Click here for Personality Crisis in the LA Weekly

Shine A Light

Thursday, April 3rd, 2008

Let’s just call it out now. The Beatles were the better musicians; The Rolling Stones, superior performers. Which is why director Martin Scorsese’s documentary feels no more compelled to delve into the Stones’ music than aiming a dozen high tech cameras at New York’s Beacon Theatre and hoping they can keep up with Mick. Though Scorsese shot The Band in the 1978 classic The Last Waltz, he’s not a natural fit for the rock-out-cock-out genre. Scorsese’s too uptight even for soft jazz. Before the curtain rises on this Fall 2006 fundraiser (hosted by Bill Clinton), Marty’s banging his head on the control panel because Mick hasn’t figured out their opening song. (It’s the battle of the Alpha Artists.) But once the show kicks off, Marty and Bill evaporate like so much sweat off Mick’s happy trail, along with bits of fascination like Mick’s spreadsheet of possible jams, subdivided into well-known and medium-known hits. What remains is pure performance, and the appeal is directly proportionate to how much you enjoy their karaoke hits. After the 14th song, casual fans feel guilty that their energy is flagging while then-63 Mick’s still huffing on, pelvis sashaying, shoulders jerking, arms popping up Nixon-esque as he struts swivel-kneed across the stage like a man late for a meeting. “What would you do if you weren’t Mick Jagger,” asks an interviewer in one of the too-few archival clips. He’s either flummoxed, irritated, or high, but clearly he’d be an aerobics instructor: When he claps, everyone claps. Ronnie Wood grins, Charlie Watts pounds the drums yet from the neck up appears to be dreaming of fly fishing, and Keith Richards, no longer looking down at his guitar as he wears his smile of perpetual self-bemusement, seems as delighted and surprised by each second on earth as a goldfish or a newborn. The Last Waltz featured cameos by Neil Diamond, Bob Dylan, and Ringo Starr. Here, we’ve got Christina Aguilera and Jack White. But we’re not there for Xtina’s admittedly soulful singing; we’re there to see Keith smoke indoors in Bloomberg’s Manhattan. Despite the attendance of our “first black president” (who never takes a turn on the sax), it’s curious to notice more diversity on stage than in the entire audience. If Marty had been interested in exploring—not just crystallizing—the Stones’ legacy, this would be a damned fine doc. As it stands, it’s a time capsule.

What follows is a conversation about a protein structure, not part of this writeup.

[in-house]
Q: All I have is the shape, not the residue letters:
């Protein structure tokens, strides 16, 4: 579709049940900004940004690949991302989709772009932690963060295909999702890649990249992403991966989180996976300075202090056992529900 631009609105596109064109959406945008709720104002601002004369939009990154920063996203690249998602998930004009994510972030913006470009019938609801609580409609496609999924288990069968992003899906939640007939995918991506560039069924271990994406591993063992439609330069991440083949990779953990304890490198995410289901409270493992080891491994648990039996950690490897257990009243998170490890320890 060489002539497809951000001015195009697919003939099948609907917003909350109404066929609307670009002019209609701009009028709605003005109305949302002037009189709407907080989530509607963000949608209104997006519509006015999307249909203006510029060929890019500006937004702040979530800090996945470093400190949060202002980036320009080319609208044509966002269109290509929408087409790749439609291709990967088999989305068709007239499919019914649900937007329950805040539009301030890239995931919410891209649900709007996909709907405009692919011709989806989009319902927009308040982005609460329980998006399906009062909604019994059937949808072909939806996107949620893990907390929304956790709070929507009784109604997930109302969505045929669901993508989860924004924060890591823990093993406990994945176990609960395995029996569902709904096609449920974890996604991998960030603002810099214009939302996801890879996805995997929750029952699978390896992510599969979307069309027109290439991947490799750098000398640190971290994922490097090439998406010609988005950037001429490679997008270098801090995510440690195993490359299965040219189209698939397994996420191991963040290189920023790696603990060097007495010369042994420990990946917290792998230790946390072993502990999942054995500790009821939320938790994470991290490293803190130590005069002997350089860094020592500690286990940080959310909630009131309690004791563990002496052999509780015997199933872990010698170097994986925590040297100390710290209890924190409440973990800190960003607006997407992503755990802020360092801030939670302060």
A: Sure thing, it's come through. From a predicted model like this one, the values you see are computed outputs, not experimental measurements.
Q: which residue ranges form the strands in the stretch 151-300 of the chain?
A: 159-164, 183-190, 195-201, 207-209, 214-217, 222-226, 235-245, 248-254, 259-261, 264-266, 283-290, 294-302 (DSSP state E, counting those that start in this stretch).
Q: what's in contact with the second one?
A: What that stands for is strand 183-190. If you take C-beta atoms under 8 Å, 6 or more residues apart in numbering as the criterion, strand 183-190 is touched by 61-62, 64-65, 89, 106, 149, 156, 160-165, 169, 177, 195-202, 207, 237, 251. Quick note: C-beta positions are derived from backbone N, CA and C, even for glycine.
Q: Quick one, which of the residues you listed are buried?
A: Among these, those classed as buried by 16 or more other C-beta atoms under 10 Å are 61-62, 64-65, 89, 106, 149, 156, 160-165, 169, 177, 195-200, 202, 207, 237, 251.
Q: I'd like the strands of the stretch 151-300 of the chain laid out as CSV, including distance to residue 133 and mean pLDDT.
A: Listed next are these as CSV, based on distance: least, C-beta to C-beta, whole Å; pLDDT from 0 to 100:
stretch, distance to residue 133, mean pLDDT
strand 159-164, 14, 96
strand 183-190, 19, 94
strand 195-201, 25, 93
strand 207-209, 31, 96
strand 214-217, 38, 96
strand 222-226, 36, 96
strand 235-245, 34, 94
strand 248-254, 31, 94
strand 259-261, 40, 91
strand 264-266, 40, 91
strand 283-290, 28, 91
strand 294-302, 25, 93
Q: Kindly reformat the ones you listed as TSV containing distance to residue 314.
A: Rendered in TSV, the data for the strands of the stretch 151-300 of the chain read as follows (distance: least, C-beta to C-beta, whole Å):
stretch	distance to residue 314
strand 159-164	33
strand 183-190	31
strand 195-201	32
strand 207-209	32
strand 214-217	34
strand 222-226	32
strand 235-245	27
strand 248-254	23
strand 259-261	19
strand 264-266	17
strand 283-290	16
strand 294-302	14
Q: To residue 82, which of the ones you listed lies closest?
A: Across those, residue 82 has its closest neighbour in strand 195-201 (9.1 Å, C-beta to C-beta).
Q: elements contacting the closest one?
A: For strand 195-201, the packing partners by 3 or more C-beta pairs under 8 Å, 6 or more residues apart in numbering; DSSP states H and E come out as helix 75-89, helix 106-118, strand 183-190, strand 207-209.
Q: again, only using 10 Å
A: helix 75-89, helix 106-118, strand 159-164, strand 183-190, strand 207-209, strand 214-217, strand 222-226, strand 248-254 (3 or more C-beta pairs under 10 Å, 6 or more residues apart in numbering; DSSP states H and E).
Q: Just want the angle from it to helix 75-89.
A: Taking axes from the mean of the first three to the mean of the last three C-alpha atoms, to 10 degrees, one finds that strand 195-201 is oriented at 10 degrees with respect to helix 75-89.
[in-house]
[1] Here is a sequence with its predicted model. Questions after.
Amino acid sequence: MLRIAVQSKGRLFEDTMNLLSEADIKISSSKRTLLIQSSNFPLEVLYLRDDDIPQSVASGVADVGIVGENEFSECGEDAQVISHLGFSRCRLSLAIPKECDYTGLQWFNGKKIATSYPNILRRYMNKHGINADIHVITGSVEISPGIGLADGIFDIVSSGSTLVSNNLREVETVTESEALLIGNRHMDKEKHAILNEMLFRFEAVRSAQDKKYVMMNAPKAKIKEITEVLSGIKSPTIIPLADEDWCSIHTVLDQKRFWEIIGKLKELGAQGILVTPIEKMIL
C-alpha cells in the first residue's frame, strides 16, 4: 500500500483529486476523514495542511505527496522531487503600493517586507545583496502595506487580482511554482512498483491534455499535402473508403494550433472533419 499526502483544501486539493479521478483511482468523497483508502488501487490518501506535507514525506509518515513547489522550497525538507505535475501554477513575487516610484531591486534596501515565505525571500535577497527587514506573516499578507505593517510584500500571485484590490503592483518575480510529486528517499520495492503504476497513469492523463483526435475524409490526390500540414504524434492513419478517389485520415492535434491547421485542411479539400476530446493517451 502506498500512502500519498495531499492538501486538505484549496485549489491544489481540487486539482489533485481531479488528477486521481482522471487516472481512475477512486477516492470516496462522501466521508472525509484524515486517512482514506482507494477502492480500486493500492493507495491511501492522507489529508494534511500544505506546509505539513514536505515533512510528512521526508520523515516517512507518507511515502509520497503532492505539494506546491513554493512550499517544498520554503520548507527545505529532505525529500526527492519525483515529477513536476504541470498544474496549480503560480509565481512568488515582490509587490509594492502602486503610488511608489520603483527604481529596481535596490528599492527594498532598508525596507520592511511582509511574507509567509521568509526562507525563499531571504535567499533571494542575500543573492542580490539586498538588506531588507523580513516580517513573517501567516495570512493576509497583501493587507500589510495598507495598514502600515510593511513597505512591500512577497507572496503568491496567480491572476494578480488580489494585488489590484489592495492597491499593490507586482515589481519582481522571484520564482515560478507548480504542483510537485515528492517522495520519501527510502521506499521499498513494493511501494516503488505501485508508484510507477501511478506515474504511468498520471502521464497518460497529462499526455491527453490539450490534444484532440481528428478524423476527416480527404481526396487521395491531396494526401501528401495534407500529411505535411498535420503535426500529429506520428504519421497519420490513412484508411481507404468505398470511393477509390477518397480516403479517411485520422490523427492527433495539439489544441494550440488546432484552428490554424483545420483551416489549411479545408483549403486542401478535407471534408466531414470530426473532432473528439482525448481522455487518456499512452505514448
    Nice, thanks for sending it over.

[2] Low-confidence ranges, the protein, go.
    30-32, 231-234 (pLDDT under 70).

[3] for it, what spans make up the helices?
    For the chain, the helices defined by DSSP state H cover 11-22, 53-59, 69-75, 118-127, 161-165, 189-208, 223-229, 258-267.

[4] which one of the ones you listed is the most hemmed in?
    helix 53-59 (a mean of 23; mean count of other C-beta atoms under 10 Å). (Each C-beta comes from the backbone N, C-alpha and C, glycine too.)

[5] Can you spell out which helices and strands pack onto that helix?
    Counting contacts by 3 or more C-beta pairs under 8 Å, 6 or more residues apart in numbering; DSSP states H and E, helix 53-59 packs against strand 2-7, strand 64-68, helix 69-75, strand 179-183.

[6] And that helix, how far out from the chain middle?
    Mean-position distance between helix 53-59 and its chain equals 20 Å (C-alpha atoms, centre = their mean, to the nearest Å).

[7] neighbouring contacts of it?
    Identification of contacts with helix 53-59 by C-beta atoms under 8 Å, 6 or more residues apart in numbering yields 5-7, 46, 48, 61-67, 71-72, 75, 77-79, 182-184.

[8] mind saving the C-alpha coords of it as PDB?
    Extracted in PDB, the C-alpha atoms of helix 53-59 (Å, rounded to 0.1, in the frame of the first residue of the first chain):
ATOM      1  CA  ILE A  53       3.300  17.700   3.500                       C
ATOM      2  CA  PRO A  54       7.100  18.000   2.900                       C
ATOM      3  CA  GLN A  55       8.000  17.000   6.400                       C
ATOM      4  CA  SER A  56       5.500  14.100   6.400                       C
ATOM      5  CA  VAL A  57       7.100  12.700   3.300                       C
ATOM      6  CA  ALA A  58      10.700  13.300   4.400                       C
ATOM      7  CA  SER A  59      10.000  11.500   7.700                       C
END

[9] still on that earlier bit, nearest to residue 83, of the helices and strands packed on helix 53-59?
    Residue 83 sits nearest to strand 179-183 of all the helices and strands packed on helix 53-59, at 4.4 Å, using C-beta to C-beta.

Click here for Shine A Light in the IE Weekly

28 Weeks Later

Wednesday, April 2nd, 2008

We’re in Year Six of Hollywood’s zombification of our horror movies—a reign of moderate terror—that peaked with Dawn and Shawn of the Dead, and it’s gotten steadily sillier. Hopefully this head-slappingly silly sequel to Danny Boyle’s vicious 28 Days Later will be the silver bullet that leaves the genre as dead as the mid-‘90s sexy vampire craze. So lets start the carnage, shall we?

28 Weeks Later kicks off on Day 15 of the infection crisis, where good, god-fearing Englishmen are catching the rage virus—a nasty thing that has them spitting up blood and bashing their heads against everything like angry moths. In 20 seconds, the bitten transform into the biters; in a crowded room, all it takes is one Infected (as the government calls them) to take a lusty bite of his neighbor, and you’ve got a seething mass of screams and hysteria in less time than it takes to microwave popcorn. (Does this happen here? Of course it does.)

Back when the zombification plague was gunning full-throttle, Don (Robert Carlyle, one of the knocker-doffers in The Full Monty ) and his wife Linda (Catherine McCormack) were holed up in a farmhouse under siege by the undead. With their two children safely abroad, they considered themselves one of the lucky—until a whole Brady Bunch of Infecteds tore down their walls and Don chose survival over rescuing his wife. He’s haunted by memories of Linda’s pale, pretty face begging him to save her as he sprinted to safety. At least whatever zombie mom she became has starved to death by now, since everyone else is either dead or across the Channel, leaving the US-led occupying forces to declare, cautiously, that England is now Infection-free. Anyone who reads the newspapers knows that American military optimism is worth its weight in hot air, but lured by cheap real estate and sentiment, remaining ex-pats start to trickle back six months later.